“History will have to record the greatest tragedy of this period of social transistion was not the vitrolic words and other violent actions of the bad people, but the appalling silence and indifference of the good people. Our generation will have to repent not only the words and acts of the children of darkness, but also for the fears and apathy of the children of light. This hour represents a great opportunity for white persons of good will, if they will only speak the truth, and suffer, if necessary, for what they know is right.”

  9. Colleen says:

    Scott, are you actually fertilizing that bamboo?

  10. Christine says:

    Welcome to the wonderful world of blogging. I can’t wait to get our MOM’s in Merrifield!!!

  11. Respectful candidness is such a welcoming idea, I wish everyone would join in on the fun. And it would be a fun conversation to have with anyone, on any subject, if you could actually TALK to people without them falling to the disrespectful side of the table (yelling, getting hostile, yada yada).

    I teach respect, kindness and honesty in my home and in my childcare…I might just have to introduce Candor too! Thanks for this post 🙂

  12. Lia Mack says:

    “Candor is a beautiful thing, so long as it’s done with respect and good intentions.”

    I reposted this on my facebook page in the hopes that all those who read it will be inspired… So often I feel respect and good intentions are not included in most conversations certain people have with others. As though the only way to forward their given agenda is to do so with force and disrepect. I’ve always found it easy to agree to disagree so long as the person you’re conversing with gives out the same amount of respect as you are giving. Otherwise, I don’t usually continue talking with those people. How do you re-open a conversation – anything – with someone who seems to always assume the worst thus never has good intentions? Or should you?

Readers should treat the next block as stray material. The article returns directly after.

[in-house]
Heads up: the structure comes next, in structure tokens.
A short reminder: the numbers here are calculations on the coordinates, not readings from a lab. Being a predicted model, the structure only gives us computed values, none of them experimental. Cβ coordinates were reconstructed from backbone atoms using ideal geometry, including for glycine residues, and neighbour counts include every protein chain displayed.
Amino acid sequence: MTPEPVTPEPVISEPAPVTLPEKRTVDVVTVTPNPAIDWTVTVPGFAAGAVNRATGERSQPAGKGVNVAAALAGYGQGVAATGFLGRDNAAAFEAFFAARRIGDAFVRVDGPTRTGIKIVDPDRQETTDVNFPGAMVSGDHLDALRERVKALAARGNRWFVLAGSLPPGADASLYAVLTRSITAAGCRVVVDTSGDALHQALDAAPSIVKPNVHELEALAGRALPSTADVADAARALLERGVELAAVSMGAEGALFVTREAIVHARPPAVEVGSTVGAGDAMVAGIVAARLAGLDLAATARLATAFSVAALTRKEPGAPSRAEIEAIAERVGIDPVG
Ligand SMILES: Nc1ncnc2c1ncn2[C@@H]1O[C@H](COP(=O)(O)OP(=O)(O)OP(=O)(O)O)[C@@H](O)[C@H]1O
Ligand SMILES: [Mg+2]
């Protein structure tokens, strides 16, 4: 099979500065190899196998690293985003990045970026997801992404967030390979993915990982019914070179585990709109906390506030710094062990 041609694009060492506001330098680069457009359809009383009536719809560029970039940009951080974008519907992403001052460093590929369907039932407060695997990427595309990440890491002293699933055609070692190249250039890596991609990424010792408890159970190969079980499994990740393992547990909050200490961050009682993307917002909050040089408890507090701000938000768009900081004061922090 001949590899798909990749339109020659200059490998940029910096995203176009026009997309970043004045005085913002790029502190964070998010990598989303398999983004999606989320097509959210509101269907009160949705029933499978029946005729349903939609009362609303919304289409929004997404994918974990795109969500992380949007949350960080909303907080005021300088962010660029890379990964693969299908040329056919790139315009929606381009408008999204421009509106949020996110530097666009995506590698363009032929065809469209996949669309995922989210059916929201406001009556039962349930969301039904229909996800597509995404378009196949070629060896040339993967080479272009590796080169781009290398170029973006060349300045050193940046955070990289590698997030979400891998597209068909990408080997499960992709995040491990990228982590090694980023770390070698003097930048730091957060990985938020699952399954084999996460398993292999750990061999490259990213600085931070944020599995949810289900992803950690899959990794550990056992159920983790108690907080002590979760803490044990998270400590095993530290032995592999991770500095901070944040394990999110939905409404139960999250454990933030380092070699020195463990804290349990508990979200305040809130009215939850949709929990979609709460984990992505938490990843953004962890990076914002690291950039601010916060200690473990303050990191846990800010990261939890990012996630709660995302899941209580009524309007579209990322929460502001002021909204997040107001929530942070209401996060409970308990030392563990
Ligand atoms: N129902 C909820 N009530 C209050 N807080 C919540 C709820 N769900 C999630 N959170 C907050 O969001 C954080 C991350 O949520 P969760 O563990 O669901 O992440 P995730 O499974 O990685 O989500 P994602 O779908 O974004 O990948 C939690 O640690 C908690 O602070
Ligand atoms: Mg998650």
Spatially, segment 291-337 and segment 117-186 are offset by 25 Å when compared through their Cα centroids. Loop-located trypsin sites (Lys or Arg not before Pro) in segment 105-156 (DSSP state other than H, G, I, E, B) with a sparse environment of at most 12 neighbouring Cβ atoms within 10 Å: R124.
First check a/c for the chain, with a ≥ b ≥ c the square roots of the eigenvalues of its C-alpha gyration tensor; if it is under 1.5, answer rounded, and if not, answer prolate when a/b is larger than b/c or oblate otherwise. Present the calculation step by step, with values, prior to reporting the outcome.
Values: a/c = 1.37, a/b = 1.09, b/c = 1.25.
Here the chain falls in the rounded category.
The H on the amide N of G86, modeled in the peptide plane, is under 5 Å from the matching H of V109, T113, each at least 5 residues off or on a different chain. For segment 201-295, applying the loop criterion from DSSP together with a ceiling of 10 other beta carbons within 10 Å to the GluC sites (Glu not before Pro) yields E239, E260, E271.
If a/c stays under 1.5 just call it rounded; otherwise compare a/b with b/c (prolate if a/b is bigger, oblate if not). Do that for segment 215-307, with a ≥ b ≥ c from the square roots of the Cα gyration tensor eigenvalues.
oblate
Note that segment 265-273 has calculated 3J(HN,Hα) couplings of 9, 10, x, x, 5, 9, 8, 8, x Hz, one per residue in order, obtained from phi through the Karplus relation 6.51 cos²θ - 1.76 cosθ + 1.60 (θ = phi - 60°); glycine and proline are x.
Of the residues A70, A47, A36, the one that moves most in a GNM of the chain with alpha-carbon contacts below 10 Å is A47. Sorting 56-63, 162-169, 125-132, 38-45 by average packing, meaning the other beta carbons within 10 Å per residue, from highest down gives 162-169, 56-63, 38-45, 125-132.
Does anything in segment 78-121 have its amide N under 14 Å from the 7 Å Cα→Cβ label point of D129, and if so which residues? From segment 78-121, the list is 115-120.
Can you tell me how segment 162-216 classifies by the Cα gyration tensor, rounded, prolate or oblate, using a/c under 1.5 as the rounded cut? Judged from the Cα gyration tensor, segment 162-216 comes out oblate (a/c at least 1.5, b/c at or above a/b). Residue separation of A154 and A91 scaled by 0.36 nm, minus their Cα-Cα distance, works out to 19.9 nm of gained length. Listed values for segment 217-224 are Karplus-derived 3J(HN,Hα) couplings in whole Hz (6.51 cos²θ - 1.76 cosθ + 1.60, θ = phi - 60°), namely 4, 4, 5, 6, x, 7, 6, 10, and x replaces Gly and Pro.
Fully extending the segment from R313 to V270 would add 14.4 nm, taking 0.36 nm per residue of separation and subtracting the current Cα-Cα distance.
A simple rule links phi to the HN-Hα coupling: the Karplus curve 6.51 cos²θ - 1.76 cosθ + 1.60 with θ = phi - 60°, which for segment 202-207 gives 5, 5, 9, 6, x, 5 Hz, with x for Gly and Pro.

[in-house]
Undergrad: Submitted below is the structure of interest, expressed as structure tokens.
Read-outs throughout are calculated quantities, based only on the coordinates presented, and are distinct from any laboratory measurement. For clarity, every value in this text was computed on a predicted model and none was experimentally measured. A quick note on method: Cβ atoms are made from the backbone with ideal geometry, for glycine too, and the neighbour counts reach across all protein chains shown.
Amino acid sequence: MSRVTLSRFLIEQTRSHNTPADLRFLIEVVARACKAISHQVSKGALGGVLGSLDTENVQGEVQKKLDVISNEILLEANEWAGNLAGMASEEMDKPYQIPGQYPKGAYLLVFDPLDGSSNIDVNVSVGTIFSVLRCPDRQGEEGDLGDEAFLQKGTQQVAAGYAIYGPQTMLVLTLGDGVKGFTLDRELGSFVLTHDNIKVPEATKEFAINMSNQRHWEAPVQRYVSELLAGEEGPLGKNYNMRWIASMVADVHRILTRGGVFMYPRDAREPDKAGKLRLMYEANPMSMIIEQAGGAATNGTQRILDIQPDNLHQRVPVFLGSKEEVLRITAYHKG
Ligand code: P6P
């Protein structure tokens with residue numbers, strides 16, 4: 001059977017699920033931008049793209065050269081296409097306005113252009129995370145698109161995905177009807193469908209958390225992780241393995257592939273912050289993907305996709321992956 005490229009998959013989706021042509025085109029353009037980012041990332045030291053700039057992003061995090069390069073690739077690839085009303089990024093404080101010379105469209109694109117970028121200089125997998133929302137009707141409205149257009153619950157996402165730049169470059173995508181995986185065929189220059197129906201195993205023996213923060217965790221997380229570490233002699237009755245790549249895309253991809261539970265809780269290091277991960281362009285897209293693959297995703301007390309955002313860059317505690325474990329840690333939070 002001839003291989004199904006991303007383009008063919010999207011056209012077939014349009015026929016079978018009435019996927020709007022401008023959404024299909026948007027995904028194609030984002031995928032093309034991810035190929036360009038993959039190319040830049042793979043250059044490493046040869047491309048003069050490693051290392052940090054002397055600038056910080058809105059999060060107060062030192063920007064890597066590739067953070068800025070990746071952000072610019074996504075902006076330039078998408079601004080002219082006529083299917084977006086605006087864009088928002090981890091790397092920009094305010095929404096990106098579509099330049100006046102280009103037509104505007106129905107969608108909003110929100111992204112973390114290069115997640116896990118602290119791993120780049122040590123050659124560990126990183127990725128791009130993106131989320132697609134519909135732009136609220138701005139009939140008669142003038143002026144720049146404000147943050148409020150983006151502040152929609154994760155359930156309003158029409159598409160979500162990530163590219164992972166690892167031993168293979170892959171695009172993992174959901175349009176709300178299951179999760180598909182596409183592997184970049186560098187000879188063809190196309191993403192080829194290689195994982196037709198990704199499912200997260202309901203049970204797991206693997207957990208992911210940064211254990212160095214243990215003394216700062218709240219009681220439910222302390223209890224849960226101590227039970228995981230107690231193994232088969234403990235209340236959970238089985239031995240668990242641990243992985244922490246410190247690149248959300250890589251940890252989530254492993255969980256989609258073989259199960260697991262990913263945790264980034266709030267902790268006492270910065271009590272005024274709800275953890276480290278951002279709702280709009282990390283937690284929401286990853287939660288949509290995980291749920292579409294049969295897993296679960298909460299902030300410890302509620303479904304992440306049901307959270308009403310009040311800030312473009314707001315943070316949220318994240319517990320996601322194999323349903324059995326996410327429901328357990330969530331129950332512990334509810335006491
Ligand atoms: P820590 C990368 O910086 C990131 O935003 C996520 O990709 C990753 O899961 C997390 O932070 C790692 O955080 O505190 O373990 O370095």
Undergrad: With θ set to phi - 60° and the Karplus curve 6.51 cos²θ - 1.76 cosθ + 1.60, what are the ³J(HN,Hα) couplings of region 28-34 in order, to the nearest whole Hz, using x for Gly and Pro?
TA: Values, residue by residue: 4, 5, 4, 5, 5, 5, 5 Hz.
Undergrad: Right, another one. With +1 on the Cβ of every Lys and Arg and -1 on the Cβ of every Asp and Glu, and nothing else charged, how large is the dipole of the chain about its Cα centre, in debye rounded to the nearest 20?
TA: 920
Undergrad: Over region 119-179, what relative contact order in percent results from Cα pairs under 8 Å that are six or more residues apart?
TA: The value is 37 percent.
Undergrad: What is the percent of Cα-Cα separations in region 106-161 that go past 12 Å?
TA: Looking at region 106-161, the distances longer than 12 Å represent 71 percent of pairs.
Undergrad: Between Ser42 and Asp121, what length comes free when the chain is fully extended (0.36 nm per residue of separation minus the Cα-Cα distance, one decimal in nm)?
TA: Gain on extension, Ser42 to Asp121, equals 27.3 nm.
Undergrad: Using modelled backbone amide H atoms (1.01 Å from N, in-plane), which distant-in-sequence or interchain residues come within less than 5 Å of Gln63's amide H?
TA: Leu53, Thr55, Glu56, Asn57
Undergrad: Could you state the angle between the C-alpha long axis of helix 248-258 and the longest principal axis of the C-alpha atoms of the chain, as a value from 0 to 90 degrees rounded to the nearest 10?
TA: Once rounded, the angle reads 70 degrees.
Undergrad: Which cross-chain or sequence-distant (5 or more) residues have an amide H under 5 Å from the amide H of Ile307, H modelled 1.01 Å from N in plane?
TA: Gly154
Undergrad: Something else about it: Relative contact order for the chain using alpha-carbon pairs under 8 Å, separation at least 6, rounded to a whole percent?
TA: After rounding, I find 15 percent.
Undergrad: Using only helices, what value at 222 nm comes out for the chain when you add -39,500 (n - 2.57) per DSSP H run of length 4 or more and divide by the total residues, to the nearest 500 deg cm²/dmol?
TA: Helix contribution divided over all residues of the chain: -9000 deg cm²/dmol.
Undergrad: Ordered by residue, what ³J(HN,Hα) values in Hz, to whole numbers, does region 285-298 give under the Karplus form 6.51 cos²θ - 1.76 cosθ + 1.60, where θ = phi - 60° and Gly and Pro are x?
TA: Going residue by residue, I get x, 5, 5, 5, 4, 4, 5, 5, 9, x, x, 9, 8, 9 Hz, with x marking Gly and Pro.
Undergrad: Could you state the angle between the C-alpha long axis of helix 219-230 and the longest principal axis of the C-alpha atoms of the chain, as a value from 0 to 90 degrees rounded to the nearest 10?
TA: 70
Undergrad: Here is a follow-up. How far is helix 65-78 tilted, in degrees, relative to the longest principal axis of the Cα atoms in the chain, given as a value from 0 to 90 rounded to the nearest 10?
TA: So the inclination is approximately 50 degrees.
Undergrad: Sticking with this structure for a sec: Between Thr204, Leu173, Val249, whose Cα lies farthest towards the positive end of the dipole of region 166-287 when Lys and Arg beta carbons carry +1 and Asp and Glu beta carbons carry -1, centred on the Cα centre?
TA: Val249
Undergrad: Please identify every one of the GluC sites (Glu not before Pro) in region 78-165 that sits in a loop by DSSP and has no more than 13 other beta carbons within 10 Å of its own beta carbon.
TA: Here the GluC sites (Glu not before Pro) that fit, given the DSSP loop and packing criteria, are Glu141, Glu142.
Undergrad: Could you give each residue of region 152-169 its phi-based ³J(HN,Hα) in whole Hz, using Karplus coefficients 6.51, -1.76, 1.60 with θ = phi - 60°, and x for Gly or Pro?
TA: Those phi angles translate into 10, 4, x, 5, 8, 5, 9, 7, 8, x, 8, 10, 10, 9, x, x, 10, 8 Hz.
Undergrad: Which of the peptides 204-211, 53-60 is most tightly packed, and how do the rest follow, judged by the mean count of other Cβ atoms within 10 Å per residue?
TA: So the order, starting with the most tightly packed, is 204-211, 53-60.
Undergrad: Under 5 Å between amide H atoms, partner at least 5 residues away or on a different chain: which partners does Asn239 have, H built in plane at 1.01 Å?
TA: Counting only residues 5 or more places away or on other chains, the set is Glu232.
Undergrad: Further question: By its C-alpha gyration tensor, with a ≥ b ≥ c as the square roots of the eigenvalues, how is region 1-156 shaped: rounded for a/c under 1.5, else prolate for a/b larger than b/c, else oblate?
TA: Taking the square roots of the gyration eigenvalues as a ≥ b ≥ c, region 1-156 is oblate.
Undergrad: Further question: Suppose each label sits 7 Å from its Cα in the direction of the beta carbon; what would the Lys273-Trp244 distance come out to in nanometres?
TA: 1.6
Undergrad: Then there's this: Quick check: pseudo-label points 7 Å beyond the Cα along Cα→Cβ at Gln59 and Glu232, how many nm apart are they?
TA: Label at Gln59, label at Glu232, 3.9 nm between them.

Wow…never thought a compost pile would bring about such deep thoughts!!!

    thanks for the post 😉

  13. David Belden says:

    Thanks for the frank and open blog. In November, I heard Patrick Lencionni address the same issue, and his book, Getting Naked, at a Vistage Chair conference. It was a great learning for all of us. The more business leaders with your attitude, the better the work environment becomes. Thanks.

    • Barbara says:


      I remember you when you worked in that “warehouse” store in Beltsville My husband and I were taken by your steady and confident demeanor. (We were, and still are, happy to call you our friend.) After having viewed Brene Brown’s talk, I think maybe what we recognized is that you had your own sense of “worthiness.” I know this “worthiness” is what helped you have the courage to take chances and create MOM’s.

      Also, Brown talked about vulnerability as means to joy and love. I inferred that it’s a player in changing our world as well; unfortunately, too often vulnerability is misunderstood as weakness, which is considered by some to be detestable trait. Well, we all know that fear is the real enemy…

      By the way, about the fight against complacency, have you checked out Media that Matters. Here’s the link:

      Hope you see you soon,

  14. Joy Harris says:

    I was surprised and saddened to read your attack on Mr. Salatin in the latest issue of Flavor magazine. Mr. Salatin attempts to open the reader’s eye to yet another issue where local producers are challenged in comparison to Big Ag, and you attack him and accuse him of making “rationalization[s].”

    I have been a customer of Mr. Salatin for years, and he is one of the most dedicated, inspirational, fair and honest person I have had the pleasure of meeting. I don’t know if your problem with him is that he sells directly to the consumer perhaps? If more and more farmers adopt his model, where would your store be?

    I really wish you could spend more of your time fighting the real fights instead of setting a bad example by turning on someone who has done so much for the local movement. He has opened my eyes to the challenges small farmers are facing, and I and so many others have become better local patrons because of it. I know I won’t be shopping at your establishment any time soon.

    Mrs. H

  15. Heather Ann says:

    Though you warn us of it, I look forward to your candor. Truly sincere candor is sorely missing in today’s world. I look forward to stopping by again soon.

    I don’t get to visit often, living in Southern Maryland, but I’ve been known to take special trips to VA just to visit your store. All the best.

  16. Scott – bring it on, so glad you are blogging.